United Airlines jet powered by sustainable fuel heads out from O'Hare
What would normally be a ho-hum United Airlines flight from O'Hare International Airport to Washington on Wednesday is being hailed as a breakthrough that will help reduce pollution from jet fuel.
That's because the product that was pumped into the United 737 MAX 8 aircraft was sustainable aviation fuel, or SAF, which unlike petroleum uses leftovers from cooking oil, agriculture and other sources.
The jaunt to the nation's capital, which carried more than 100 passengers including United CEO Scott Kirby and U.S. Reps. Sean Casten and Brad Schneider, is the first use of jet fuel that is 100% sustainable on a commercial flight, officials said.
"Climate change is the biggest issue our generation faces and our generation has to solve it. The implications if we don't are catastrophic," Kirby said.
He called the flight, where 500 gallons of SAF were used in one engine and the same amount of conventional fuel in another, "a historic day" in its impact to decarbonize the airline industry and one that will be scaled up over time. Airlines now are permitted to use only up to 50% SAF blend on board, United says.
Deerfield Democrat Schneider noted that "2% of all greenhouse gas emissions come from aviation. SAF cuts that by at least 50% or higher. If we convert the entire fleet, which is the long-term goal, that eliminates 1% of greenhouse gas emissions in just one initiative."
In October, the aviation industry announced a 2050 target for zero carbon emissions.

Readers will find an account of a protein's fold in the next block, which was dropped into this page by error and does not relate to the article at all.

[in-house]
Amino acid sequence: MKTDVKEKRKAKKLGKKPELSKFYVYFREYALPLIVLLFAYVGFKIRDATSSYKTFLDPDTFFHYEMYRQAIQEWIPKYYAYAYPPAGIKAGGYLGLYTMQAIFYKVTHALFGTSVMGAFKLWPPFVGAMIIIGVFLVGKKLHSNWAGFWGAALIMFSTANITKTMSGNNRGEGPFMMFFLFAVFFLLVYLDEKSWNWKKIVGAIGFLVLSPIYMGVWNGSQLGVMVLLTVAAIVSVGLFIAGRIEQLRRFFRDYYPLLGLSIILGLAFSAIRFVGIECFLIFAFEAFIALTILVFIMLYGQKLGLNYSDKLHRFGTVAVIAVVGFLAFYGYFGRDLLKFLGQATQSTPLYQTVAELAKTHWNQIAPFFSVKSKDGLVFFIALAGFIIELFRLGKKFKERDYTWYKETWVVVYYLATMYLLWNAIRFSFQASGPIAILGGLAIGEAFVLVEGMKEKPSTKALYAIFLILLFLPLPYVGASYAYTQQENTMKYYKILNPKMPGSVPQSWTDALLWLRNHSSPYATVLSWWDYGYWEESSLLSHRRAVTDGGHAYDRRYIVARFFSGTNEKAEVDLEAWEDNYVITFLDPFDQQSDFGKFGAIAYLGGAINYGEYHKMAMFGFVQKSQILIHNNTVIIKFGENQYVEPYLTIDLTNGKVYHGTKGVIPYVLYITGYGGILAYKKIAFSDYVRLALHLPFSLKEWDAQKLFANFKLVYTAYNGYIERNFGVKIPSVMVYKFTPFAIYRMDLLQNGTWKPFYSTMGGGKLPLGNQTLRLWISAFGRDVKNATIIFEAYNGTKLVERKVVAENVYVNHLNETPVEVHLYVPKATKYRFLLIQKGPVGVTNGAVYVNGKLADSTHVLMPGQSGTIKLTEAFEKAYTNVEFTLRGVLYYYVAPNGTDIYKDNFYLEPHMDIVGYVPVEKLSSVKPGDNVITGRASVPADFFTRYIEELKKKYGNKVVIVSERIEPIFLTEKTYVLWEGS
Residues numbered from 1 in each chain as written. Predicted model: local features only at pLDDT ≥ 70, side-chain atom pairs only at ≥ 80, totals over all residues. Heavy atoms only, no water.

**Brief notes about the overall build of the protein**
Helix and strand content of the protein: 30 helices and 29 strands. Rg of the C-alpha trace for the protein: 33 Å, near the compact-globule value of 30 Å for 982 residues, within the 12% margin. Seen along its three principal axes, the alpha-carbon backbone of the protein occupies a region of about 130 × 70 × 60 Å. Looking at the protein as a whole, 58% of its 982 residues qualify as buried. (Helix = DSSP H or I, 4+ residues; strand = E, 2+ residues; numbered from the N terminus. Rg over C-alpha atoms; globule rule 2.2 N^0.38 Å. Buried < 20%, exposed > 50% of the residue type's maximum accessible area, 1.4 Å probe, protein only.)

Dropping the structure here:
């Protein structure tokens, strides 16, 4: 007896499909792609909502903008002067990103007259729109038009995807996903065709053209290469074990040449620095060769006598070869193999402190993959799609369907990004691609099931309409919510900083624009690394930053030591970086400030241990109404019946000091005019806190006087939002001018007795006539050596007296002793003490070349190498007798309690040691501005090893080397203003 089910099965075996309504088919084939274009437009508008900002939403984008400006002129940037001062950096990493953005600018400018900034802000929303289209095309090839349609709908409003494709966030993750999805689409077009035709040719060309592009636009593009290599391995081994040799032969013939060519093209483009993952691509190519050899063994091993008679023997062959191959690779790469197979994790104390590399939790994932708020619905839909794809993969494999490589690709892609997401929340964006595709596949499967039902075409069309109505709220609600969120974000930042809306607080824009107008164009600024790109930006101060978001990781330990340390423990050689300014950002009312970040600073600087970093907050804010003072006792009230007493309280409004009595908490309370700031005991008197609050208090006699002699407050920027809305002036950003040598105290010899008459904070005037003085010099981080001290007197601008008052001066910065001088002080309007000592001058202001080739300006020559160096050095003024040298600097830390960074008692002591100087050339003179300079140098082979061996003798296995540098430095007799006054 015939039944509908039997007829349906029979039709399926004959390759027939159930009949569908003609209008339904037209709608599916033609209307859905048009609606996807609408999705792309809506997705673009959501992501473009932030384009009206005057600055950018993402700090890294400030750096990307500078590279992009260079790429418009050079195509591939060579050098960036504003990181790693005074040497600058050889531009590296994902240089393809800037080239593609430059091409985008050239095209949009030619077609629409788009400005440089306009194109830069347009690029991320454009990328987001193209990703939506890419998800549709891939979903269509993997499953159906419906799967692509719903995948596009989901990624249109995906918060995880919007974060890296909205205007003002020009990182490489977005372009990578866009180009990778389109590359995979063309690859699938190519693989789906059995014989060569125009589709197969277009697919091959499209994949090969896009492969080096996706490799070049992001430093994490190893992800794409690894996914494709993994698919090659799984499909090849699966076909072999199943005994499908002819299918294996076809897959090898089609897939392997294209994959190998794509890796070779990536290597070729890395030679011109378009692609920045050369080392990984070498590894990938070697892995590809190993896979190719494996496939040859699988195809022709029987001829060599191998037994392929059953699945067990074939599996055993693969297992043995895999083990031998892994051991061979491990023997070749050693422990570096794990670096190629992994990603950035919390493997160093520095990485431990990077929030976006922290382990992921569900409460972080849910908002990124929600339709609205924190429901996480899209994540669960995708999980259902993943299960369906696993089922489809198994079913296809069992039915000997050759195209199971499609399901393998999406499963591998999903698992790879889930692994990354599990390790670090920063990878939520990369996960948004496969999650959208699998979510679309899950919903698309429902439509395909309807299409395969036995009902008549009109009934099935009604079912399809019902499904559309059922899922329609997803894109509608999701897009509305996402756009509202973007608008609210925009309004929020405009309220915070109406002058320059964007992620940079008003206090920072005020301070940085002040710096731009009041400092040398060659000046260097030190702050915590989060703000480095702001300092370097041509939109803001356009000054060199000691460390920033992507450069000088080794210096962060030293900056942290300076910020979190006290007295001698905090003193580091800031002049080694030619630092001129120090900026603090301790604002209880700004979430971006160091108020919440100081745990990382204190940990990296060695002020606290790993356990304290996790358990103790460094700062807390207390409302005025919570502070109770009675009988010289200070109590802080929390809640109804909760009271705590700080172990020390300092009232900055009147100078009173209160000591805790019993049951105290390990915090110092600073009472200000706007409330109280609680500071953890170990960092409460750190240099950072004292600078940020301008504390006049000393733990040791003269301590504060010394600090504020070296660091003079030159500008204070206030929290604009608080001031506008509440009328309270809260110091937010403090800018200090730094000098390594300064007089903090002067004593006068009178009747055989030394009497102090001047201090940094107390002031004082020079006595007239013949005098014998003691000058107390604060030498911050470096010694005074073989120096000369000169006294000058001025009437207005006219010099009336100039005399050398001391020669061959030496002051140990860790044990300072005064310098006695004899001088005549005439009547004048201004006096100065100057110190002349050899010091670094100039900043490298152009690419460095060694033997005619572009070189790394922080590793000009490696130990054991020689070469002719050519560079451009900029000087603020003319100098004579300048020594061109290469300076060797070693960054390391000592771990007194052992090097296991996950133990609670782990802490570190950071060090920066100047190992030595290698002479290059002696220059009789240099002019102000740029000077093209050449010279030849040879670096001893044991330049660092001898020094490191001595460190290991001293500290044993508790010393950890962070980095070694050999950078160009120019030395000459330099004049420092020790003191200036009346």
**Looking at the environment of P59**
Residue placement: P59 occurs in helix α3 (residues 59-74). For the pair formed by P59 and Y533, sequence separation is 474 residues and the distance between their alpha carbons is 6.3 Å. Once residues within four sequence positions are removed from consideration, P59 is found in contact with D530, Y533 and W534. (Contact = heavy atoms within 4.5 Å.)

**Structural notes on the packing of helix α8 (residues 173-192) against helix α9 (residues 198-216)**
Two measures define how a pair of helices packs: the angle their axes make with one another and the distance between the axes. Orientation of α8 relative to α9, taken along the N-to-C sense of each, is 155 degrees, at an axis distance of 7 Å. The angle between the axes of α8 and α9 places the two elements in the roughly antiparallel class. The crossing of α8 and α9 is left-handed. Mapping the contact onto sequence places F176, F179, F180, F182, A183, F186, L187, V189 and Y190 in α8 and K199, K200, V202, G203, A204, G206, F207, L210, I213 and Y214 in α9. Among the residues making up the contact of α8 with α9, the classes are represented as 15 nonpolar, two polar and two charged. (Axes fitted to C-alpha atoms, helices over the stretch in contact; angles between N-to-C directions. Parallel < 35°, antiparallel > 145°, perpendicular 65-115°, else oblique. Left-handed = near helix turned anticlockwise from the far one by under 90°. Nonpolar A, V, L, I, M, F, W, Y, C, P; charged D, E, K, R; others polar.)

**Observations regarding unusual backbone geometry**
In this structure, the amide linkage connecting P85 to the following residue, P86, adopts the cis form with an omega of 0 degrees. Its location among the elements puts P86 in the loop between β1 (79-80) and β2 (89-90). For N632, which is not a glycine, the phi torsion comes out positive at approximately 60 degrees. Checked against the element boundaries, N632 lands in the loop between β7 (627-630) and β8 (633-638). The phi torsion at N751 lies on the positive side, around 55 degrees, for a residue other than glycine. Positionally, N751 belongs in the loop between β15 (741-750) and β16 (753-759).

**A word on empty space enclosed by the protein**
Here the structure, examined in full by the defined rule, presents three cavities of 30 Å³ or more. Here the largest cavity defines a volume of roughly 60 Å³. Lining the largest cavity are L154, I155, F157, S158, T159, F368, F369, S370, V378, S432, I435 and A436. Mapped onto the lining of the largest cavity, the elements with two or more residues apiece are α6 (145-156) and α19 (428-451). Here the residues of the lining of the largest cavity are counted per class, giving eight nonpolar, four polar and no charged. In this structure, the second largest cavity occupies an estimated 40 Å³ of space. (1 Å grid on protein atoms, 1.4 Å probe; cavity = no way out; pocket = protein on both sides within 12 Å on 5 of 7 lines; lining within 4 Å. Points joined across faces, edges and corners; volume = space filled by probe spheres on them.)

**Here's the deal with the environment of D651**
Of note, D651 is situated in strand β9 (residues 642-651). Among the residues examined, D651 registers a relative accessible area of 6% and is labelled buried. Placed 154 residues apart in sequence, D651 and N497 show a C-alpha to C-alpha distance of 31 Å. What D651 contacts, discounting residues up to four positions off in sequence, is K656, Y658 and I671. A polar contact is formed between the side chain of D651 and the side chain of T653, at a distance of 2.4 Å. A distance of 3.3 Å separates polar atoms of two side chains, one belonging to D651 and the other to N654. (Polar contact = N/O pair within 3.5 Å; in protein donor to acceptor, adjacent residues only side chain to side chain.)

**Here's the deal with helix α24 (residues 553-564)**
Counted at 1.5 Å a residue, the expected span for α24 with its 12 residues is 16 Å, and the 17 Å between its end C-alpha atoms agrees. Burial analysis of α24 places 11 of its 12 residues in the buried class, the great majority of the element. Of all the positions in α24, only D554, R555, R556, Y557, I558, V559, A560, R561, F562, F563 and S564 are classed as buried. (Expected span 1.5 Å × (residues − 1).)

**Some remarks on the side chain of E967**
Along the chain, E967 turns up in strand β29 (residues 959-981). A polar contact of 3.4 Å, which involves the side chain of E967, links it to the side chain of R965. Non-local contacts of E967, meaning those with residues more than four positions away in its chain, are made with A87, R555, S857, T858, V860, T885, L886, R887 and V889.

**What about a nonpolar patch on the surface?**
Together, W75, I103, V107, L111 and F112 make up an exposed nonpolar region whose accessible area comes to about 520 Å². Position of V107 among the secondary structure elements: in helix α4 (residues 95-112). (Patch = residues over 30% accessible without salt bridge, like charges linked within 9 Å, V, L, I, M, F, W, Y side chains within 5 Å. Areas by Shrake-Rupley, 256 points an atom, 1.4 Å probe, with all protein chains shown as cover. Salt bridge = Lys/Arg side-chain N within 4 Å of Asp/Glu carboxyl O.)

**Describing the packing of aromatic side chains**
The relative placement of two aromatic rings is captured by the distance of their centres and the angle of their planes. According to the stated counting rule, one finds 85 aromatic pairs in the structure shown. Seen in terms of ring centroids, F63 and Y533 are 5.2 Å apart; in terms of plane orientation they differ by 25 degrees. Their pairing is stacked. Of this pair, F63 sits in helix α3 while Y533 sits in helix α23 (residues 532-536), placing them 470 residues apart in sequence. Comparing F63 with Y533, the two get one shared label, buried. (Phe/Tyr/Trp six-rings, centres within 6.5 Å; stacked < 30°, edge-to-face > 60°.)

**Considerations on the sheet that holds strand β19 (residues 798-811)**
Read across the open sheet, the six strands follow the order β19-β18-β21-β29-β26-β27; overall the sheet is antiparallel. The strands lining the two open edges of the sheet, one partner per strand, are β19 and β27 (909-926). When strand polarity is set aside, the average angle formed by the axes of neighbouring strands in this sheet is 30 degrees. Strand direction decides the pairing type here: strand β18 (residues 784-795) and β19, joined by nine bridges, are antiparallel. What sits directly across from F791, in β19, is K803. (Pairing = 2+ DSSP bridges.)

Switching from petroleum-based jet fuel to alternatives means "a whole different infrastructure," said Casten, a Downers Grove Democrat. The new fuel chain should lead to "all sorts of new jobs and innovations and all the rest of that, but you've got to prove you can do this at scale. So, this is the first time we'll have enough on one plane to run the flight, and (we) look forward to a growing demand."
The revamped fuel emits fewer greenhouse gases than traditional petroleum, according to the U.S. Department of Energy. Sustainable jet fuel comes from a variety of sources, including corn grain, algae, fats, oils and greases, agricultural residue, wood mill waste and municipal solid waste streams, the DOE reported.
Expert Gene Gebolys was asked about the recipe for the fuel on Wednesday's flight.
"We make it out of fats, oils and greases," said Gebolys, the CEO of World Energy, which partnered with United. "It could be used cooking oil, it could be animal fat, it could be vegetable oil like soybean oil, it can come from a variety of sources -- today."
Research is ongoing on "feedstocks of the future," such as algae or kelp, Gebolys said.
Sustainable aviation fuels have been tested in myriad aircraft for years using blends and without needing to retrofit planes, Gebolys said, adding that greenhouse gases can be reduced by 60% to 80%.
Argonne National Laboratory Senior Scientist Michael Wang, who also flew to Washington, said the lab is collaborating with the Federal Aviation Administration on modeling greenhouse gas emissions in alternative fuels.
"Sustainable aviation fuel plays an important role in the carbon neutrality goal," Wang said. Although battery-powered airplanes are foreseeable for short trips in the future, "for cross-country or international trips, we still need liquid fuels."
One word of caution came from Environmental Law and Policy Center Executive Director Howard Learner.
United's trial run "is a step in the right direction," Learner said. "But the devil's in the details."
If the entire aviation industry adopts SAF, "as the airlines go up to scale, it will make an enormous difference what the feed stock is and how it is converted into jet fuel."
For example, if recyclables such as plastics are converted en masse, that will raise questions about sustainability, Learner said.